Story: Diane (Victoria Barabas) is a widow and while some time has passed, she simply can’t bring herself to reenter the dating world, even at a casual level. In fact, she doesn’t even sleep in her former marital bed anymore, as the memories are too haunting to fall asleep. Her attention is on her young son, who she wants to give the best life possible to and for now at least, that means her focus is on her career, not her love life. Her career has intense demands, so she spends most of her time on work projects, though once she makes partner, it will all be worth it. But she is in a competitive office and she worries that attending company events alone might not be a good idea, just on optics alone. So she takes some advice and tries an escort service, so she takes a gentleman named Miles (Nick Ballard) and he is a big hit, as her peers love him and can’t wait to see him again. But will Diane’s plan prove to be a long term success or has she painted herself into a corner now?
Entertainment Value: This is a solid Lifetime thriller that sticks close to the tried & true formula, but keeps a more serious tone, so don’t expect a wild, over the top ride here. Although Max E. Williams does add some brief moments of humor with his scene chewing, which I appreciated. The story here is solid and lays down a nice frame for the thriller elements, while the script allows our protagonist some depth and Diane is one of the better “good” girls in these Lifetime thrillers. She still has to overlook some red flags of course, but she is much less oblivious than most of Lifetime’s heroines, so I was glad to see some care taken with her character work. The pace is brisk and keeps things moving forward, so you’ll stay tuned in and there’s minimal filler, which is nice. Psycho Escort never dials up to high level of melodrama, but it remains solidly crafted throughout, so it might not leave much of an impression, but it is well made and a fun watch. I could have used a little more manic energy at times and perhaps an extra twist or turn, but I’d still recommend this to Lifetime devotees.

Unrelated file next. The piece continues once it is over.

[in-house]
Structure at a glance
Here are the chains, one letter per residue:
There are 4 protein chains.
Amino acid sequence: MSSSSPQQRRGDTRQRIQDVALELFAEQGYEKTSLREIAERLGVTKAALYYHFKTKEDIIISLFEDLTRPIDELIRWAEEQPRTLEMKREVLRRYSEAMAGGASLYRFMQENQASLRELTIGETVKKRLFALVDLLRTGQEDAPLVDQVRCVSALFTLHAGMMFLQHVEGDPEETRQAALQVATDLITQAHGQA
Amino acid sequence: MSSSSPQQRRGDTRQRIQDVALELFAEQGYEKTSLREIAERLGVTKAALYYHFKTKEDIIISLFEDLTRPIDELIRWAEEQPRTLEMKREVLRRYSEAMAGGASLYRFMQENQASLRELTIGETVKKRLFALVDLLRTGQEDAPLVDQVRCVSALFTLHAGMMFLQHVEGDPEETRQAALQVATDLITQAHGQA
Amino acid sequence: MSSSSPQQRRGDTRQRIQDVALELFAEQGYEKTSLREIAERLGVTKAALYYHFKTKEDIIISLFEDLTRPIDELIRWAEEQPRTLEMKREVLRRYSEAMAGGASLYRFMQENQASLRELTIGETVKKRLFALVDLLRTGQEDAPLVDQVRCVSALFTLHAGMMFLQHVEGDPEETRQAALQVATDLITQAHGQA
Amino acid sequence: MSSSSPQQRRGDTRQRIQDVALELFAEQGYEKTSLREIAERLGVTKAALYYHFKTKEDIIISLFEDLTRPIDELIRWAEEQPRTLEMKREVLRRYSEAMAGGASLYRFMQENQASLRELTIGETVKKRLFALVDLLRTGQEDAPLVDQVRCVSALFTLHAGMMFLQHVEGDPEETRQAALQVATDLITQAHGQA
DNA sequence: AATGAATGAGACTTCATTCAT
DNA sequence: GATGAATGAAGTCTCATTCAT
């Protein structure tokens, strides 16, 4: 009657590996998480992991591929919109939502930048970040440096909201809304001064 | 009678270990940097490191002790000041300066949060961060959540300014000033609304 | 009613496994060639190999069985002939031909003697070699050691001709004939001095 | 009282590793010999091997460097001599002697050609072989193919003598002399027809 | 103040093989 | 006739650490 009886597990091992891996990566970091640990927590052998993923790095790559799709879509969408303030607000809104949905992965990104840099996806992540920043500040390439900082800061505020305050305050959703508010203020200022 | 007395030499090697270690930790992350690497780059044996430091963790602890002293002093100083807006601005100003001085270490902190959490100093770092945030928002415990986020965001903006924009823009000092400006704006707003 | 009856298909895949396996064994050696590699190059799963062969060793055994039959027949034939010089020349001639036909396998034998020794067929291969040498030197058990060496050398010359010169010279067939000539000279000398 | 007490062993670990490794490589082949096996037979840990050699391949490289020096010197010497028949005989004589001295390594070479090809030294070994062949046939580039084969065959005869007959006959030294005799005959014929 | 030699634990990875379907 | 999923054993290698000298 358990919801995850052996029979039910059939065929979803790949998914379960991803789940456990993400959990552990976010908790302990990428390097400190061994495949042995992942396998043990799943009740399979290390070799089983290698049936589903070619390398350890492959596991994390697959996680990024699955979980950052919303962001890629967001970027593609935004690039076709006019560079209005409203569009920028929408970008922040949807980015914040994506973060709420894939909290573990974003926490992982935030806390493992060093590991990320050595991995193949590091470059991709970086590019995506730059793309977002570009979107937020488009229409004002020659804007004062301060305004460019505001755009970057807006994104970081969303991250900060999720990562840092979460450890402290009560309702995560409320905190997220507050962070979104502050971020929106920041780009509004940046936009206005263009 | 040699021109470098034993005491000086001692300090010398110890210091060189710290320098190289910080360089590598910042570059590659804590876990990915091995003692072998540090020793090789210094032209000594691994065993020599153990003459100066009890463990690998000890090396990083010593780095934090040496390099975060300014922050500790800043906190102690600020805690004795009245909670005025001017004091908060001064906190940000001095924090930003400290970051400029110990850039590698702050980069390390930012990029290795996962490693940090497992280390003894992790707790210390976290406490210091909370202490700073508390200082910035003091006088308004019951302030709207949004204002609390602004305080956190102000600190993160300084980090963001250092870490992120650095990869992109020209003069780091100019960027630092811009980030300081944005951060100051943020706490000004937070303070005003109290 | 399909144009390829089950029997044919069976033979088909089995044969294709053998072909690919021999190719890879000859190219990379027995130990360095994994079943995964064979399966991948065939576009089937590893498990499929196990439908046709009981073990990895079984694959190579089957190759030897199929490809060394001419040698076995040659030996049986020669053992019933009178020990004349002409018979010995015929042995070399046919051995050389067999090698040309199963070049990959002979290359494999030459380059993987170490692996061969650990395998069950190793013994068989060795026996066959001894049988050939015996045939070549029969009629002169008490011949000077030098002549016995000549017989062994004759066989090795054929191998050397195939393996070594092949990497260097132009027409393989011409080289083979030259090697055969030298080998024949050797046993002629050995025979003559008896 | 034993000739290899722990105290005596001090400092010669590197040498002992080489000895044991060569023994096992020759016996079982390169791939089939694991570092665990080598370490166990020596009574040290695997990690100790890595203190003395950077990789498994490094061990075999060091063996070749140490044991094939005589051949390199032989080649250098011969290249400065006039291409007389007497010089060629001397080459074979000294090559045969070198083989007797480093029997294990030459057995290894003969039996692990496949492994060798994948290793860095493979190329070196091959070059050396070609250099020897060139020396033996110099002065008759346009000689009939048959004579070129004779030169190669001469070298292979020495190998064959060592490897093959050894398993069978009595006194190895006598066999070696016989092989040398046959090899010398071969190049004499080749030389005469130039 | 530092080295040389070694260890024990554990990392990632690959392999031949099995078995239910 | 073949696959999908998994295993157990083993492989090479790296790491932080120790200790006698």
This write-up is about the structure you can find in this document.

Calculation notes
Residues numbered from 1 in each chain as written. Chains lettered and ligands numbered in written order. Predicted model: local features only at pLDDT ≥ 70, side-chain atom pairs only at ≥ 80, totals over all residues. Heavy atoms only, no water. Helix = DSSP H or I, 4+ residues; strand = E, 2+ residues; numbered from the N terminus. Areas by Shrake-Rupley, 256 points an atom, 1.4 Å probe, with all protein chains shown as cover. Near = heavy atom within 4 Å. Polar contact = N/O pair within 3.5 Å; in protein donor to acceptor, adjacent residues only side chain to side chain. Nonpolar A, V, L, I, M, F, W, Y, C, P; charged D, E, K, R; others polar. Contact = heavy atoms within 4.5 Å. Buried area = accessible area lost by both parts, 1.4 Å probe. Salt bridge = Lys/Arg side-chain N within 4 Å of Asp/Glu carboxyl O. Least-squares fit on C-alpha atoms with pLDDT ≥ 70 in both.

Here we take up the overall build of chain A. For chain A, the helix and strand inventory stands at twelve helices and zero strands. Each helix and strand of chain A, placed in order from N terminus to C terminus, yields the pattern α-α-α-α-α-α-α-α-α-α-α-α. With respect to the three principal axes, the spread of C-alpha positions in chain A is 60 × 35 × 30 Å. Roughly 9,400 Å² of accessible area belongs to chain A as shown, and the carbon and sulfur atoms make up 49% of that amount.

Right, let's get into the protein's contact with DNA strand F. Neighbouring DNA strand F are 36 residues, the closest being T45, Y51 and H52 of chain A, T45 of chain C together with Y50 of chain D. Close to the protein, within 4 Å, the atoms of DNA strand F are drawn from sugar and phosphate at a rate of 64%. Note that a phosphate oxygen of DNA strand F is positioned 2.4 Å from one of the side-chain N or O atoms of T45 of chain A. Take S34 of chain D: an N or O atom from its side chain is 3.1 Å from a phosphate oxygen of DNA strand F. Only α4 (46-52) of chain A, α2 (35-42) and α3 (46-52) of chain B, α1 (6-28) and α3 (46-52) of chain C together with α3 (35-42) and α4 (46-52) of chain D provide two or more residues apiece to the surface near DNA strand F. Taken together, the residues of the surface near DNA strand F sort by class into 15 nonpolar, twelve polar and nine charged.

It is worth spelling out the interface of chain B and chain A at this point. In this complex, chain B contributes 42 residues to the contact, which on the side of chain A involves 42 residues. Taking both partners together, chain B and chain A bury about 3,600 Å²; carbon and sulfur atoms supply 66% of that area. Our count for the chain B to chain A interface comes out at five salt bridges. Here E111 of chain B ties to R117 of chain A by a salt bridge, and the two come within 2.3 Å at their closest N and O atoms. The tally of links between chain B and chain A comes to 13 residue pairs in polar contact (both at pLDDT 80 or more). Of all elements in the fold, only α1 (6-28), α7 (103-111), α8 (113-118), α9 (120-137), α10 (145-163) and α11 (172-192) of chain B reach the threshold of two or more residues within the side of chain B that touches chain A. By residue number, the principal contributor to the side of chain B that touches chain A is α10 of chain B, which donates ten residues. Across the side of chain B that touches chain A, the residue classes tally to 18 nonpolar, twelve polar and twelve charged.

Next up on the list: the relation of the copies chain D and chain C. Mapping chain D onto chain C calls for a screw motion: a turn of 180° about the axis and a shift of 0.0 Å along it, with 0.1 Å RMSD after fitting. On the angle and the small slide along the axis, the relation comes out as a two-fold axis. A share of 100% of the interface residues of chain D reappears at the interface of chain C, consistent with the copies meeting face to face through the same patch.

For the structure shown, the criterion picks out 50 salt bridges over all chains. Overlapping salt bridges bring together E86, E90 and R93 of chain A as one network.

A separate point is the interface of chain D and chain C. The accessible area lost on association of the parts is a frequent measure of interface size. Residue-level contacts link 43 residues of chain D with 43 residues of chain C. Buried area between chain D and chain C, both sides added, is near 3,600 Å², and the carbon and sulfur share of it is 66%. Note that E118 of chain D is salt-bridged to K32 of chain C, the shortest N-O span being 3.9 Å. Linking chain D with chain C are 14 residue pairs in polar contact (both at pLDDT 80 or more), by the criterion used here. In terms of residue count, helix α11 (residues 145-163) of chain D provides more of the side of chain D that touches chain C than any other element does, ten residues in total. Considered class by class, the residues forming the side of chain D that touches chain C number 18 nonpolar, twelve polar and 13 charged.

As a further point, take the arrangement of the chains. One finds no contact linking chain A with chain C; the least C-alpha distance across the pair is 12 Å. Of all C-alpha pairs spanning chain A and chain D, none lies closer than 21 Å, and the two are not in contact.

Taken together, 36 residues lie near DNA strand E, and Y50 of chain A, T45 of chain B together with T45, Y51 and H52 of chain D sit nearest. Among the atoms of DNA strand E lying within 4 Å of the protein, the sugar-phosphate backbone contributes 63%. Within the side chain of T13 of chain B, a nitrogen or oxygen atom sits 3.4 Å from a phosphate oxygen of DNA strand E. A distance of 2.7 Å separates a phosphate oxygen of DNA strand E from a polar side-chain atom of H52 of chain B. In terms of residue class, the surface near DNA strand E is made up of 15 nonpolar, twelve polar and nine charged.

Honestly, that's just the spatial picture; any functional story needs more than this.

I found the cast here to be more than solid, everyone seems invested and takes the material seriously, well except for Max E. Williams perhaps. Williams has only a few brief scenes, but he is memorable thanks to his over the top reactions and facial expressions. I wouldn’t mind seeing Williams brought back as a psycho in a future Lifetime thriller, as he seems like a fun performer. Aside from Williams, the cast is serious and grounded, which helps the tension and mood remain strong, but removes the Lifetime style melodrama and psycho outbursts. Victoria Barabas is a good lead and as I mentioned above, she is given a good character to work with, one far less oblivious than the usual Lifetime heroine. Our villain is the title Psycho Escort himself Nick Ballard, who might not be memorable as a stalker, but his performance is solid and again, grounded. I prefer the wilder side of course, but for those into the more serious thrillers from Lifetime, this should all be good news. The cast also includes Kate Gilligan, Donovan Patton, and Joseph C. Phillips.
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I liked looking at “Psycho Escort,” though I do wish more had been done a bit with its execution.
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